Friday Letter to my Kids-
Dear J, J, L and L,
This weekend marks year four of Big J’s big Harley ride with his hot woman for the annual “Bikers for Boobies” event.
Makes me laugh every time to say that out loud.
Makes me proud that you’re doing something to help raise awareness and funds for cancer research.
Makes me terrified that your charitable inclination involves a Harley.
I have nothing personally against Harley’s, or Honda’s or any other brand of motorcycle. I just get a little woozy when I think of people I love out on the road with other maniacal drivers who might not pay much attention to the loud roar and flash of chrome.
To quote your Grandma M from my teenage years:
“It’s not you I don’t trust, it’s everybody else.”
I’ve had a little experience with motorcycles in my past life, believe it or not. My first ever chance driving one on my own happened in our back yard. At eleven years old I may or may not have been a little too young for the attempt. The tiny Honda 50 was so cute and fun looking. “Nothing to it,” my Dad said.
I threw my leg over the seat, sat down and grasped the handlebars. My dad explained the gears, first, second, third. He talked about the clutch. He reminded me I had to pull in the clutch when I braked. I said, “Okay, I got it,” when I really didn’t understand about ninety percent of what he’d told me. Mostly what I heard was, “pull in the clutch when you want to brake.”
So I let out the clutch in first gear and the thing almost left me behind. I remember hearing yelling, with grass and dirt flying. I was so busy trying to figure out why pulling in the clutch wouldn’t stop the bike that I failed to turn. Next thing I know the bike and my flailing body launched off a foot high drop off into the garden and then across the garden down another small drop off. Luckily a chain link fence finally stopped the bike and what was left of my quivering body.
Dad ran over and caught the bike before it fell over on me and said, “Why didn’t you push on the brake?”
And that’s when I realized that braking involved more than simply pulling in the clutch. Ding, ding, ding!!! Light bulb!!! I needed to push the brake with my foot at the same time as pulling in the clutch.
My ego took a far bigger hit than my jostled and bounced around butt ever did.
You can bet that the next time Dad let me ride I paid attention to every single detail he told me. Luckily, I had other chances a year later and soon became a fairly brave rider when we’d take the bikes up to the mountains and ride around the dirt roads and wide trails. Those were some fun years buzzing around free and fast.
My dad went on several weekend long trail rides on various motorcycles. The trails he rode scared me even back then before I developed my fear of all things high and dangerous. (He also did a multi-day cattle drive on horseback once, but that’s a different story you’ll have to ask him to tell you about.)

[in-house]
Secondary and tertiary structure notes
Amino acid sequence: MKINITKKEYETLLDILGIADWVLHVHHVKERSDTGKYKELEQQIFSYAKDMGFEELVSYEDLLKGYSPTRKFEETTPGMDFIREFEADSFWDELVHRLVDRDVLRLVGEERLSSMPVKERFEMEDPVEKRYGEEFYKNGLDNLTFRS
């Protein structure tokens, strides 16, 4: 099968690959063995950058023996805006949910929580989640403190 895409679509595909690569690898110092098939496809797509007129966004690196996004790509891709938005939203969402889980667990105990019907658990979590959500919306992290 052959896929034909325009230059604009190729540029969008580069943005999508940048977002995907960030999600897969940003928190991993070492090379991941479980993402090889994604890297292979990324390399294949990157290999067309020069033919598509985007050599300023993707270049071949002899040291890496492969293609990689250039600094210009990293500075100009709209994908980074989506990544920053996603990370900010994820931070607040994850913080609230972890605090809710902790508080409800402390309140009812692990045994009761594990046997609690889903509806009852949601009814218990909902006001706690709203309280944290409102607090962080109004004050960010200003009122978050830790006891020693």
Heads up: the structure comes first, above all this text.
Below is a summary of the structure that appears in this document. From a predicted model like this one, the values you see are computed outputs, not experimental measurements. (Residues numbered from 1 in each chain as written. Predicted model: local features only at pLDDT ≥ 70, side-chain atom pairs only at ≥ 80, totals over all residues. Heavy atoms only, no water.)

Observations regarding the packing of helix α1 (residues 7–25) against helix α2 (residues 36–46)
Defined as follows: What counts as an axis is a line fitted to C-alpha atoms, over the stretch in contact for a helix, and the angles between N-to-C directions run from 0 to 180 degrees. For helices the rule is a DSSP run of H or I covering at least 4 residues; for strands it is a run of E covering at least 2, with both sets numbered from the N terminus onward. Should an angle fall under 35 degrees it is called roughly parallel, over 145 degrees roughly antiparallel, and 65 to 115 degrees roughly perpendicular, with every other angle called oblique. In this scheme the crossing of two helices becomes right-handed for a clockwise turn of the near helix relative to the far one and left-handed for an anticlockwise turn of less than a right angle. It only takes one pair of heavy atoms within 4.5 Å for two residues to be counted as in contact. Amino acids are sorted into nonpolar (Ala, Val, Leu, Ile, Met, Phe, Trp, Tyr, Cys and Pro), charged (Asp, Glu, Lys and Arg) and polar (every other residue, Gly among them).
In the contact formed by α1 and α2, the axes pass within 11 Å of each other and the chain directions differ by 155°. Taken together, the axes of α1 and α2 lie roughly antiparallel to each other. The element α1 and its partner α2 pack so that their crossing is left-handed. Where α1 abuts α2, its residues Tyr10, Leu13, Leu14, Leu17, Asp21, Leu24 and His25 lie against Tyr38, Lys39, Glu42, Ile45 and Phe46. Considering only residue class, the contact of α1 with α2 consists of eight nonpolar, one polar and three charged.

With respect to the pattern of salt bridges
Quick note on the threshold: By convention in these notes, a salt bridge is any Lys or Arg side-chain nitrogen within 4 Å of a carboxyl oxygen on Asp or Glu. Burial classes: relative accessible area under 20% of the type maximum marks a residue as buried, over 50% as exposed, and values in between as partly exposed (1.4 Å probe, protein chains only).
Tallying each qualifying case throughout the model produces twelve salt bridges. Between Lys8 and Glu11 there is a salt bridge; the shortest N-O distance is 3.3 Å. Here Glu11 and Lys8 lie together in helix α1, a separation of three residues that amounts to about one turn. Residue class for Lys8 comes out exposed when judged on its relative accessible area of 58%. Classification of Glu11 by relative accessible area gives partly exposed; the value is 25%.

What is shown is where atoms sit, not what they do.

Here’s something I’ll bet you didn’t know about your Grandpa M. He had said back then that when he retired he wanted to buy a Honda Goldwing and tour the country with Grandma. Sadly, that never happened. I think all us kids took the oomph out of his get-up-and-go. Not to mention, priorities change as life morphs and lengthens.
That crotch rocket you drove for a while, Big J, just about wore holes in my knees for how hard and often I prayed that you’d be safe out there.
When you and your newly christened Mrs. left the reception for your wedding night roaring away on that Harley, I thought my heart would bust wide open for joy and fear at the same time. I know you couldn’t hear me but I yelled, “where’s your helmets?” That would have spoiled the effect, I know.
I’m glad you’re living your life and taking measured chances and enjoying your youth. Don’t let my worries hold you back.
You other three, don’t be thinking I’m giving you permission to take up motorcycles. Not that it would matter what I thought at this point, right?
Have a fun ride this weekend, my sweet son, with your blonde bombshell wife on the back holding on tight. You’ll always be my little guy no matter how old you get, so I’ll always worry. I’ll also always be happy knowing you’re happy.
All my love,
p.s. Just wondering if you’ll wear sunscreen this year… 😉
“May your trails be crooked, winding, lonesome, dangerous, leading to the most amazing view. May your mountains rise into and above the clouds.” ~ Edward Abbey ~~